"An effective concept of postmodern republicanism
must be defined au milieu on the basis of the
lived experience of the global multitude." (Michael
Republic is not about reforming a form of state,
nor countering the crisis of the nation-state, nor transforming
it into one or several super-states. Our investigations
focus on the concrete experiences of non-representationist
practices, the constituent activities particularly in
the movements against economic globalization. Yet, the
art of res publica does not imply acclaiming
a new global community with revolutionary pathos. It
is about experimental forms of organizing, which develop
in precarious micro-situations for a limited period
of time, testing new modes of self-organization and
interplays with other experiments. The "organizing
function" of art (Walter Benjamin) creates new
spaces in the overlapping zones of art practices, political
activism and theory production.
"We are experiencing a politicization that is
much more radical than any we have known before, because
it tends to dissolve the distinction between the public
and the private sphere - not in the sense of an invasion
into the private sphere by a unified public space, but
rather in the sense of a multiplication of radically
new and different political spaces." (Ernesto Laclau/Chantal
Public is neither preexistent substance nor
immutable terrain. What counts is not claiming or conceptualizing
a single public sphere (whether it is one exclusively
for privileged classes or for an all encompassing meta-public),
but rather permanently constituting plural public spheres
corresponding to the many facets of the multitude: a
multiplicity of public spheres, not imagined statically,
but rather as the becomings of articulatory and emancipatory
Such space-time situations create the preconditions
for mutually exchanging different positions, for the
different relating to the different. Their boundaries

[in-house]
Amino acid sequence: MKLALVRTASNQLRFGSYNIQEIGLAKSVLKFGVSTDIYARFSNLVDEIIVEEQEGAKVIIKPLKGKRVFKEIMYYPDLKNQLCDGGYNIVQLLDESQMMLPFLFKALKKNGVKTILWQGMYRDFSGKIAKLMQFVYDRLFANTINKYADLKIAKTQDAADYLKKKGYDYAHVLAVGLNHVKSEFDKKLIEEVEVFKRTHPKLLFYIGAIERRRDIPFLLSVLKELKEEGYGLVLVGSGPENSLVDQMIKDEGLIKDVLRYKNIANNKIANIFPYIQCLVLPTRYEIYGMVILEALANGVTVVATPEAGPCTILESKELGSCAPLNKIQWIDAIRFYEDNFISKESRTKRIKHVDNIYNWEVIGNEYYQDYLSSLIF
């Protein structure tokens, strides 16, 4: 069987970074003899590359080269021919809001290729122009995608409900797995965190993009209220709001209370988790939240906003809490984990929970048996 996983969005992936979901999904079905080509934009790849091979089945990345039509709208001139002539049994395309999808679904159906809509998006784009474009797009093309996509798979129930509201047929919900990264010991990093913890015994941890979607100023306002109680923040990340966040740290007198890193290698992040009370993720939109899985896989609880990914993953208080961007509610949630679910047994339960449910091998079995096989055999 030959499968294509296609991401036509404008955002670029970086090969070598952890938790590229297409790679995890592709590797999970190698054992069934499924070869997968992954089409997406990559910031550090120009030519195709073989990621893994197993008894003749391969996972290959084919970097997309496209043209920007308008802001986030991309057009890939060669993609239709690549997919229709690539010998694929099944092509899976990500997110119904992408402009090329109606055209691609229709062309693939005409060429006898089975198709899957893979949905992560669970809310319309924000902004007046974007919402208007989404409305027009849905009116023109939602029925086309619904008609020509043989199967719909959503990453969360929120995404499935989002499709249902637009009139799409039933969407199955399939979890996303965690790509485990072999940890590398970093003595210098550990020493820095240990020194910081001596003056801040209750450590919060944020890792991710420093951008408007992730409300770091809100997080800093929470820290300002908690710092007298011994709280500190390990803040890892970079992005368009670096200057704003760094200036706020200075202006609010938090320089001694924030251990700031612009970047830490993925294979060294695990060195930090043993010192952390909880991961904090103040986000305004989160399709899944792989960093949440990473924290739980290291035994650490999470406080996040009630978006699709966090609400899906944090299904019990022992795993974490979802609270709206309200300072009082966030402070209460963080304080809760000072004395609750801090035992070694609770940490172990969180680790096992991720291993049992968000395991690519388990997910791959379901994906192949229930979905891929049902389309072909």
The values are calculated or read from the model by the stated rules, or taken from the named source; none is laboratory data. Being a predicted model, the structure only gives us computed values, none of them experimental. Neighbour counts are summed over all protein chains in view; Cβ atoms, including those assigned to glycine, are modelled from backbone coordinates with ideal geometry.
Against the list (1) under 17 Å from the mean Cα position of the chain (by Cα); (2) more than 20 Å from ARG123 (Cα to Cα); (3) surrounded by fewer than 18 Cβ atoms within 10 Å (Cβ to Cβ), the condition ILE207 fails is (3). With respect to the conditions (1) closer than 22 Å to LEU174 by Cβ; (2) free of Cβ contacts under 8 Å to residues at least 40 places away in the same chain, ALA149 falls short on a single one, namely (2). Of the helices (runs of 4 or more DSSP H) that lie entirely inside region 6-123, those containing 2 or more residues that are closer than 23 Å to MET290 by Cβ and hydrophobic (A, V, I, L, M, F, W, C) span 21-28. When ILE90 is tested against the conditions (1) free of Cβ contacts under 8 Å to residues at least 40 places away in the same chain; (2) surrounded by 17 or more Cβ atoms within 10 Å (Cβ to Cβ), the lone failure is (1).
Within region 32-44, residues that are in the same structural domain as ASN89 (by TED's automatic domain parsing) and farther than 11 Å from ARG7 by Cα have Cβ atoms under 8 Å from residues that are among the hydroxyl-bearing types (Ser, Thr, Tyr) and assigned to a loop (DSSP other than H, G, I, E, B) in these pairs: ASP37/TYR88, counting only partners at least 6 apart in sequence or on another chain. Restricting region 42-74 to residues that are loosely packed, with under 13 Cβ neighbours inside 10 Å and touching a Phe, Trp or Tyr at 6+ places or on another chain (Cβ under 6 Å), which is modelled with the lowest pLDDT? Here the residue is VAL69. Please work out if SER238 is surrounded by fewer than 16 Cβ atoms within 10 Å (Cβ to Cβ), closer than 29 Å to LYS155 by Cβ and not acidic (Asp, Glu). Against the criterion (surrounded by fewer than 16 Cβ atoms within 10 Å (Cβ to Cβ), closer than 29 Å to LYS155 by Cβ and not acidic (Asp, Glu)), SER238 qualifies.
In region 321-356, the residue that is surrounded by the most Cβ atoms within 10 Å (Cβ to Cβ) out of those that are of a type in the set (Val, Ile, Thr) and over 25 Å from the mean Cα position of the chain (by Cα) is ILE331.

are permeable, they themselves are neither exclusive-excluding,
It is not a matter of consensually unifying public
spheres, but rather of conflictually opening them. It
is not a matter of homogenization and total transparency,
but rather of permanent conflict, the constant renegotiation
of different positions. Public as a consuming voyeuristic
figure is unthinkable here; the reception of the spectacle
is countered by producing singular events, "public
man" is countered by plural modes of subjectification.
Public Art was already booming in the early
90s in manifold variations: participatory practices,
community arts, new genre public art, communication
guerilla, concrete interventions, activism, etc. introduced
a shift in artistic interests from questions of perception
to social and political activities. Temporary projects
prevailed over objects, communities over individual
artists, participation over art consumption.
Beginning in the mid-90s, more and more critical voices
accused these political art practices of depoliticizing
or even endorsing the implementation of neoliberal expansion.
Arguments given in support of this included the dubious
function of art projects in processes of gentrification
or in disguising the reduction of social state structures,
the appropriation of the projects as a means of tourism
marketing on behalf of enhancing city images, the instrumentalization
of the difference of marginal themes and groups, a return
of the "artist-father" through the back door.
As a partial aspect/effect of this wave of criticism,
there was a noticeable backlash in mainstream art as
well, a retreat into the old spaces, a return to issues
of perception and experience in reception.
Now, however, there are signs of a certain change again.
What was lacking in the practices of the 90s seems to
be given in a new situation: being embedded in a larger
context, being cross-connected with social movements.
Joining the heterogeneous activities against economic
globalization, the old forms of intervention art are
being transformed and new ones are emerging. In the
context of current political movements, art is becoming
public again. Around the issues and activist strands
of globalization, border regimes and migration, the
conditions are being created to get "revolutionary
machine, artistic machine and analytical machine working
as mutual components and gears of one another"
(Gilles Deleuze/Felix Guattari).
Translated by Aileen Derieg